The Borno state government continued to provide financial and in-kind resources to the CJTF, a non-governmental self-defense militia, which used and recruited children in previous reporting periods. The Borno state government provided administrative support to help implement a 2017 action plan between CJTF and an international organization to end CJTF’s recruitment and use of children; the international organization did not verify any cases of recruitment and use of child soldiers by CJTF during the reporting period. However, humanitarian organizations were unable to access some areas of Borno state due to insecurity and restrictions imposed by security forces; the international organization had limited visibility in those areas. Since the signing of the action plan in 2017, the international organization verified the CJTF separated 2,188 of an estimated several thousand children previously affiliated with the group. In partnership with a foreign donor the government provided anti-trafficking training to its troops prior to their deployment as peacekeepers; however, the government did not report investigating reports that 49 Nigerian soldiers deployed on a UN peacekeeping mission to Liberia in 2003-2017 exploited 58 women and children, including in sex trafficking.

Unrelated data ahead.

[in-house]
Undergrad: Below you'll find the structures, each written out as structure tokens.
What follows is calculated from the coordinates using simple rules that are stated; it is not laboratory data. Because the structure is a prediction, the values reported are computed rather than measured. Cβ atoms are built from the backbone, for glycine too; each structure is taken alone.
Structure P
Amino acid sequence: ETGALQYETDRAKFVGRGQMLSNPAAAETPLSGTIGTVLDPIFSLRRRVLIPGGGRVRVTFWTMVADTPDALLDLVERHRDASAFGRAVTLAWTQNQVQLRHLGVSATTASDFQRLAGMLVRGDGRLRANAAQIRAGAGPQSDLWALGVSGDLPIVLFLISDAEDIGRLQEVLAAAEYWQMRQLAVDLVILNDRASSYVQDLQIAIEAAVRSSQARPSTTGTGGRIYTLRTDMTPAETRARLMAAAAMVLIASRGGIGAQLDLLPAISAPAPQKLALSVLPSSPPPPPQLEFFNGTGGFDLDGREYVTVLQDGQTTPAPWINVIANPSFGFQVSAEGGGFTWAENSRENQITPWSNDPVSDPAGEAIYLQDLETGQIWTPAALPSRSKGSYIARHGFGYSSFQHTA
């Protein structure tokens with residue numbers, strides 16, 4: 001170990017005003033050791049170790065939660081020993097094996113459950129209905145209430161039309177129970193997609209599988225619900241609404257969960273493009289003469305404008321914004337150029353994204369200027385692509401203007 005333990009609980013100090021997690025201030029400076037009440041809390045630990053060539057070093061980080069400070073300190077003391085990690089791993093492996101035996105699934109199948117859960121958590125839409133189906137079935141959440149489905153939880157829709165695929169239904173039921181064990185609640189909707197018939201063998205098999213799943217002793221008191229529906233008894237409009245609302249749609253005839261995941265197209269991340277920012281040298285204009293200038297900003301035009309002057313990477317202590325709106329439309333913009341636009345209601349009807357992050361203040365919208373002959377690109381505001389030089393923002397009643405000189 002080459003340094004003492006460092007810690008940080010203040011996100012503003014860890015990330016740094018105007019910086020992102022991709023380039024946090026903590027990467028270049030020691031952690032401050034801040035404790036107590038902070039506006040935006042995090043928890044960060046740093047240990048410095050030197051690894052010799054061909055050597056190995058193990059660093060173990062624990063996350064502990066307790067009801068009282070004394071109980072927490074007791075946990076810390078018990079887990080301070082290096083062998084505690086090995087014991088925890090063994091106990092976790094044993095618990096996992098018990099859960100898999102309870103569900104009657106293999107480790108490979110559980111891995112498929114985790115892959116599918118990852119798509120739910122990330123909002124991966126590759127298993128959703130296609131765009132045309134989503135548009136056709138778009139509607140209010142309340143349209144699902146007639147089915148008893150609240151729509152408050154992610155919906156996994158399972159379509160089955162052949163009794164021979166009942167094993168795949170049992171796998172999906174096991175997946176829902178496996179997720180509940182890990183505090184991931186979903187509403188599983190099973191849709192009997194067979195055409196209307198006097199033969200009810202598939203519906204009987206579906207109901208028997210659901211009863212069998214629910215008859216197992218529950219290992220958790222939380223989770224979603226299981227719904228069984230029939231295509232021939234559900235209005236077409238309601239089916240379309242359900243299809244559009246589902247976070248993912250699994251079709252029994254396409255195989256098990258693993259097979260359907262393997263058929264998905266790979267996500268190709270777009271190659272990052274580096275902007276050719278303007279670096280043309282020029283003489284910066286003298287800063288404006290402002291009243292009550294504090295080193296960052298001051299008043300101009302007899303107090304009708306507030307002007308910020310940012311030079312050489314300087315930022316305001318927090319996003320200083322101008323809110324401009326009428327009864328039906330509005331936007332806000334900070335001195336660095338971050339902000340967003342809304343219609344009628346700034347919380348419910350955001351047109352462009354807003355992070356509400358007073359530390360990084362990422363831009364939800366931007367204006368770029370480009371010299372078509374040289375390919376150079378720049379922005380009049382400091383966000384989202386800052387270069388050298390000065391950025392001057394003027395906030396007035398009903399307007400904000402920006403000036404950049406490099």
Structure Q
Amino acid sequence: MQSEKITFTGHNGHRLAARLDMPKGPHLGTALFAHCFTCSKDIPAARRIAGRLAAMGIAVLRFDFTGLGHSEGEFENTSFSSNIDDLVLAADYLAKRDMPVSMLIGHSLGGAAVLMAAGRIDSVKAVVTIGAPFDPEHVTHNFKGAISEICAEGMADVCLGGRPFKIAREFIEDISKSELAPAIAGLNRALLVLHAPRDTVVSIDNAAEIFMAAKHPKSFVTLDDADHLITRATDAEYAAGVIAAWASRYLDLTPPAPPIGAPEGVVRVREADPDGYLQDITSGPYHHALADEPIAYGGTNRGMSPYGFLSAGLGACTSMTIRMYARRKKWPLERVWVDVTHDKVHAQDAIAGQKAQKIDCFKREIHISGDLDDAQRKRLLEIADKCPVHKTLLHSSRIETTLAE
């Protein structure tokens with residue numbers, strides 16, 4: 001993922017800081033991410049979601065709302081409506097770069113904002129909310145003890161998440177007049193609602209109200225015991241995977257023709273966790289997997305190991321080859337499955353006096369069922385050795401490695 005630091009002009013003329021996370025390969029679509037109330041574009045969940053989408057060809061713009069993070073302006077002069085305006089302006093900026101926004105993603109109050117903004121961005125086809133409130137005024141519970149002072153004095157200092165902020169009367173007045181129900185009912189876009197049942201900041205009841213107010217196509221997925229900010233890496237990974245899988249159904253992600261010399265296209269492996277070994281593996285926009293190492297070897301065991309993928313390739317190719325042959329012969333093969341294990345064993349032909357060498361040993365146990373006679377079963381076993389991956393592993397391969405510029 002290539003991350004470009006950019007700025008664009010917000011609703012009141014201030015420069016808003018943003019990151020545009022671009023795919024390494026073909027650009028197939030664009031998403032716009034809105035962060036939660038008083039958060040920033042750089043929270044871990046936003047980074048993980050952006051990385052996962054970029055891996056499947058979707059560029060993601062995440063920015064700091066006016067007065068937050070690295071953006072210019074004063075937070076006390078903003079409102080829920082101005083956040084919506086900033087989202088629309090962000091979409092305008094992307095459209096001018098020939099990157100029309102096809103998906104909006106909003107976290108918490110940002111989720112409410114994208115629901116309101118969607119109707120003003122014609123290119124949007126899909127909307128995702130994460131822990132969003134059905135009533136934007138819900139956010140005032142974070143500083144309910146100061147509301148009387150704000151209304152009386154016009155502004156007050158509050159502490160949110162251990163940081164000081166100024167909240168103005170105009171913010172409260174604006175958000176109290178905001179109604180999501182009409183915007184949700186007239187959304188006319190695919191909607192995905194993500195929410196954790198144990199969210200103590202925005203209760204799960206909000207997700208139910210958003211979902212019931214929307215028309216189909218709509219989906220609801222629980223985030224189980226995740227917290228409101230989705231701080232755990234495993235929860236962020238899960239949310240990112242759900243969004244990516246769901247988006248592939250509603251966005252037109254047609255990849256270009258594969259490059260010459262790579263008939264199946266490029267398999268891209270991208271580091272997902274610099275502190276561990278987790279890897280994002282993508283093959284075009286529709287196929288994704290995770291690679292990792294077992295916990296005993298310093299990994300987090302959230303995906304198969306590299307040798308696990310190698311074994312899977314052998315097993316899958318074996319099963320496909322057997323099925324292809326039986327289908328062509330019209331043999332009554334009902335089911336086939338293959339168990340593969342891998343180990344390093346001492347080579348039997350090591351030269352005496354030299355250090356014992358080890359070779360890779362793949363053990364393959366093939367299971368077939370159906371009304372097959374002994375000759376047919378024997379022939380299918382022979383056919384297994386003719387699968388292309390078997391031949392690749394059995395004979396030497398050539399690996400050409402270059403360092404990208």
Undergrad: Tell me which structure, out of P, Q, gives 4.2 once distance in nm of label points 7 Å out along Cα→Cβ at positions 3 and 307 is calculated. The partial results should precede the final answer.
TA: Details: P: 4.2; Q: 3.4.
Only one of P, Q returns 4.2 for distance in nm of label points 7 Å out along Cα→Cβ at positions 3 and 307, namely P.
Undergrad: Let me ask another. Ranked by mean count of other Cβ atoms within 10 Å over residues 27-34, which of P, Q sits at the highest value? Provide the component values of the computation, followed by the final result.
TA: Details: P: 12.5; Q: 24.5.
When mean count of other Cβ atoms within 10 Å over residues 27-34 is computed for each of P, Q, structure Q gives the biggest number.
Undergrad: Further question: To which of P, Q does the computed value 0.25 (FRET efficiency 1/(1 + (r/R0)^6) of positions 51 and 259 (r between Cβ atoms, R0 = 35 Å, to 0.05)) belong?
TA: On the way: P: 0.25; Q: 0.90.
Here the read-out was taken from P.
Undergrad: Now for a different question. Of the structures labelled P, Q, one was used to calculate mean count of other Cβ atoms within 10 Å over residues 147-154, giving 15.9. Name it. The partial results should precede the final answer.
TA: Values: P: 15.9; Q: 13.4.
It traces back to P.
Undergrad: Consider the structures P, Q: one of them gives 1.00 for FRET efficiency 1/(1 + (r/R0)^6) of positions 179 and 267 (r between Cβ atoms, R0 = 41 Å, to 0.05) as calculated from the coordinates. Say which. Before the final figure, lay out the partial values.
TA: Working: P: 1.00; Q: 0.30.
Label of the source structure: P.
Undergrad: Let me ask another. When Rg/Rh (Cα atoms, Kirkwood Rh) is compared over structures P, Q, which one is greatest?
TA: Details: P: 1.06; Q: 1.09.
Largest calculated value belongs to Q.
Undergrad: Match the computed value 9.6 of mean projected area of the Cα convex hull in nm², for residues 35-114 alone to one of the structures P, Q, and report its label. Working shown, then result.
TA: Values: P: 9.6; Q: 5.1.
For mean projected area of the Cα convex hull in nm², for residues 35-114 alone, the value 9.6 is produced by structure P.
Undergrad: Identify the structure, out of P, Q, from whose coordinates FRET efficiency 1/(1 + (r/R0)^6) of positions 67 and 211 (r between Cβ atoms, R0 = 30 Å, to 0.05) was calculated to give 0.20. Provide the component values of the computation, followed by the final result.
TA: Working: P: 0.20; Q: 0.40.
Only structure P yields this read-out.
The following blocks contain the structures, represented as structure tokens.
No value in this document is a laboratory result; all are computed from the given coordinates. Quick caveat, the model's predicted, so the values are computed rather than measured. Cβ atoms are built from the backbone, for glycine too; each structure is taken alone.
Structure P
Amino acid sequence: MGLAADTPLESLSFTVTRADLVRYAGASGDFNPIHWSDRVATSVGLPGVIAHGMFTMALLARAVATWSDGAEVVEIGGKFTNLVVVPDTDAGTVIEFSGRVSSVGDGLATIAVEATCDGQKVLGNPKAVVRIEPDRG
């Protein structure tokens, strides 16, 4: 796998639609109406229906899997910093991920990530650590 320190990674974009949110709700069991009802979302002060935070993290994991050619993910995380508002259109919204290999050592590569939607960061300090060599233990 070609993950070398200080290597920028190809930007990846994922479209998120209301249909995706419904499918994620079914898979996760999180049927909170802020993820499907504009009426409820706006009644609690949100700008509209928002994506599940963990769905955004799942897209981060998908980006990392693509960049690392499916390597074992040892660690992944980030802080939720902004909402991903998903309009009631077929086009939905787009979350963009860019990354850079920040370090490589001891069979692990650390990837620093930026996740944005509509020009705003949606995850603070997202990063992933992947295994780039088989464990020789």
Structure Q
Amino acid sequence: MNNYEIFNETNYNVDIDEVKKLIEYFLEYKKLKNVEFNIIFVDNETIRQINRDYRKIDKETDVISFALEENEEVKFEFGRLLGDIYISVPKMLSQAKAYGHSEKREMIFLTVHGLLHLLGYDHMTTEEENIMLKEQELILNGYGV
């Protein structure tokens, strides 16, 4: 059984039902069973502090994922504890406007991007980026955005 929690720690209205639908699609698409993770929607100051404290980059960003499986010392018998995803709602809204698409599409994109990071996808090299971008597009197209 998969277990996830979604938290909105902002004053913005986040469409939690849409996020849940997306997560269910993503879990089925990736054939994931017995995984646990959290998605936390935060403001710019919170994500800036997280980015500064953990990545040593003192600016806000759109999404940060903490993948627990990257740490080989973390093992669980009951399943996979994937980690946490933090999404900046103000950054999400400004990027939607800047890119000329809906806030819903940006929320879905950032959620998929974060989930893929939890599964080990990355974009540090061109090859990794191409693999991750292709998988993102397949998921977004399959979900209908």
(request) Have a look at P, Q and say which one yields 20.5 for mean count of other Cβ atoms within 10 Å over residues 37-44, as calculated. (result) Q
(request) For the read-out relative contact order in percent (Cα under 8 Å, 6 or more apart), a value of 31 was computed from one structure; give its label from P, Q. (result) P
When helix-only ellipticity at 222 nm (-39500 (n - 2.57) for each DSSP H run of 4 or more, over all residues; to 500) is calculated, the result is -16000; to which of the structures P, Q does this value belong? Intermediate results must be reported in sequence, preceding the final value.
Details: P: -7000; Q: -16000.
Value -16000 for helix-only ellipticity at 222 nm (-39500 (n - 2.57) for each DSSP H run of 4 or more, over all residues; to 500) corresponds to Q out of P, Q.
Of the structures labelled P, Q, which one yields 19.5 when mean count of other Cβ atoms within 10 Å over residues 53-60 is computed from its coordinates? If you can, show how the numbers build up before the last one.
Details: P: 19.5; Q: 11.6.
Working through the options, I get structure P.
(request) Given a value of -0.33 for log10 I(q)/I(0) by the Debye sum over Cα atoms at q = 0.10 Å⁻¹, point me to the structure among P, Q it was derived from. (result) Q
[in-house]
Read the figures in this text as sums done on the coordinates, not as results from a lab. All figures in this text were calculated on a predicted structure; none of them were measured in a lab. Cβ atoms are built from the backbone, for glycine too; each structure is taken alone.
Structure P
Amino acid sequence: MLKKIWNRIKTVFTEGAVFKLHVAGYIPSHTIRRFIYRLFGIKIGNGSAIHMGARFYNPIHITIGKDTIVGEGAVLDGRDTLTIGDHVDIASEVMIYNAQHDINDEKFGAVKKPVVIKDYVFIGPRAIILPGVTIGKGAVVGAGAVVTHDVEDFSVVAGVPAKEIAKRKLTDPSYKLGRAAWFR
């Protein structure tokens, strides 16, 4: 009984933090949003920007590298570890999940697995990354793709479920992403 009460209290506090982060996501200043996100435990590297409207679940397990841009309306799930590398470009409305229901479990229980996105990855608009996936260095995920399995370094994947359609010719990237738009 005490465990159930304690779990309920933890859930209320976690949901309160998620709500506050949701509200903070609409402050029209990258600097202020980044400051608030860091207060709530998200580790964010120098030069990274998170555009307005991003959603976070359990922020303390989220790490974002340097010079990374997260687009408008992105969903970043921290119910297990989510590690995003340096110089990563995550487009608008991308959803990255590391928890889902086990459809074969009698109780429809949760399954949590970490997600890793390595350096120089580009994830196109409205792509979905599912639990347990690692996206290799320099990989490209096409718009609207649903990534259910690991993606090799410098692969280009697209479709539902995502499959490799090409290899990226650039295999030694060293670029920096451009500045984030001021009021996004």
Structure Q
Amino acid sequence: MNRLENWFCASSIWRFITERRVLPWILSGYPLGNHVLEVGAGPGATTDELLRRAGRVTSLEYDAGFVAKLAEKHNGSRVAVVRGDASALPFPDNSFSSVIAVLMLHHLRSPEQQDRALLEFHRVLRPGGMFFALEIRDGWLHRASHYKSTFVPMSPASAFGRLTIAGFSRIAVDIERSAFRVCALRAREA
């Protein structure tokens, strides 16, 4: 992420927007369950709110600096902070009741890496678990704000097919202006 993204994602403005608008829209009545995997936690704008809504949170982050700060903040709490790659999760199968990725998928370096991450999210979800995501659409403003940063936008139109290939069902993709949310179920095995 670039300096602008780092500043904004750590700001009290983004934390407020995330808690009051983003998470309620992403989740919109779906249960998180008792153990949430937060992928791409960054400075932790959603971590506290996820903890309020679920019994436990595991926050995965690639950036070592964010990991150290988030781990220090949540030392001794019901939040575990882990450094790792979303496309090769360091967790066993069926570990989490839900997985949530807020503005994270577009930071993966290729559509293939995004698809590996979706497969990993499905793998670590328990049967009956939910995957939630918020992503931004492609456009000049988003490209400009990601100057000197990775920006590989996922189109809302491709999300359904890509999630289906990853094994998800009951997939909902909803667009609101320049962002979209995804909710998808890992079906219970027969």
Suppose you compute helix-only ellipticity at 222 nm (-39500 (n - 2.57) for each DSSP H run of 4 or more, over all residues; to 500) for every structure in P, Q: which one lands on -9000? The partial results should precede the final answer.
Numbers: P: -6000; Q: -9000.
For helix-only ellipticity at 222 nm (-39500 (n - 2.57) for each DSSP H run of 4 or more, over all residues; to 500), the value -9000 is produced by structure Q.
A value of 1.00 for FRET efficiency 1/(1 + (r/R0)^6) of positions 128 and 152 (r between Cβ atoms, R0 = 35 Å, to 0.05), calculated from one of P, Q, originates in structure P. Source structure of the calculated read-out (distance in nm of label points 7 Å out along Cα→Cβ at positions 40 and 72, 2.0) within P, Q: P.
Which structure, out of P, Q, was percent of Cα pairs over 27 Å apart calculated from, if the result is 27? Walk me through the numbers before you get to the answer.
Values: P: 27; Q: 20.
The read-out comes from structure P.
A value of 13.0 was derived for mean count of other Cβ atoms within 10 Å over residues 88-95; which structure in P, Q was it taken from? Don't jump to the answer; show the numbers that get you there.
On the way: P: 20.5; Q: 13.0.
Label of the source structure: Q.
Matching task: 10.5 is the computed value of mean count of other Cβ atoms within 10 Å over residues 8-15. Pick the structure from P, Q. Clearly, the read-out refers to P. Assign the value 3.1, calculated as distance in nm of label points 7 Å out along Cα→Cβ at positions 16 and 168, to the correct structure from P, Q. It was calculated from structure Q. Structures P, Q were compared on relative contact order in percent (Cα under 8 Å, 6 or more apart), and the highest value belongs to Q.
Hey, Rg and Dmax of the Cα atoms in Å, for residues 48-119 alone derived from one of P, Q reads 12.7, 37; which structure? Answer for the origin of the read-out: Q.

TRAFFICKING PROFILE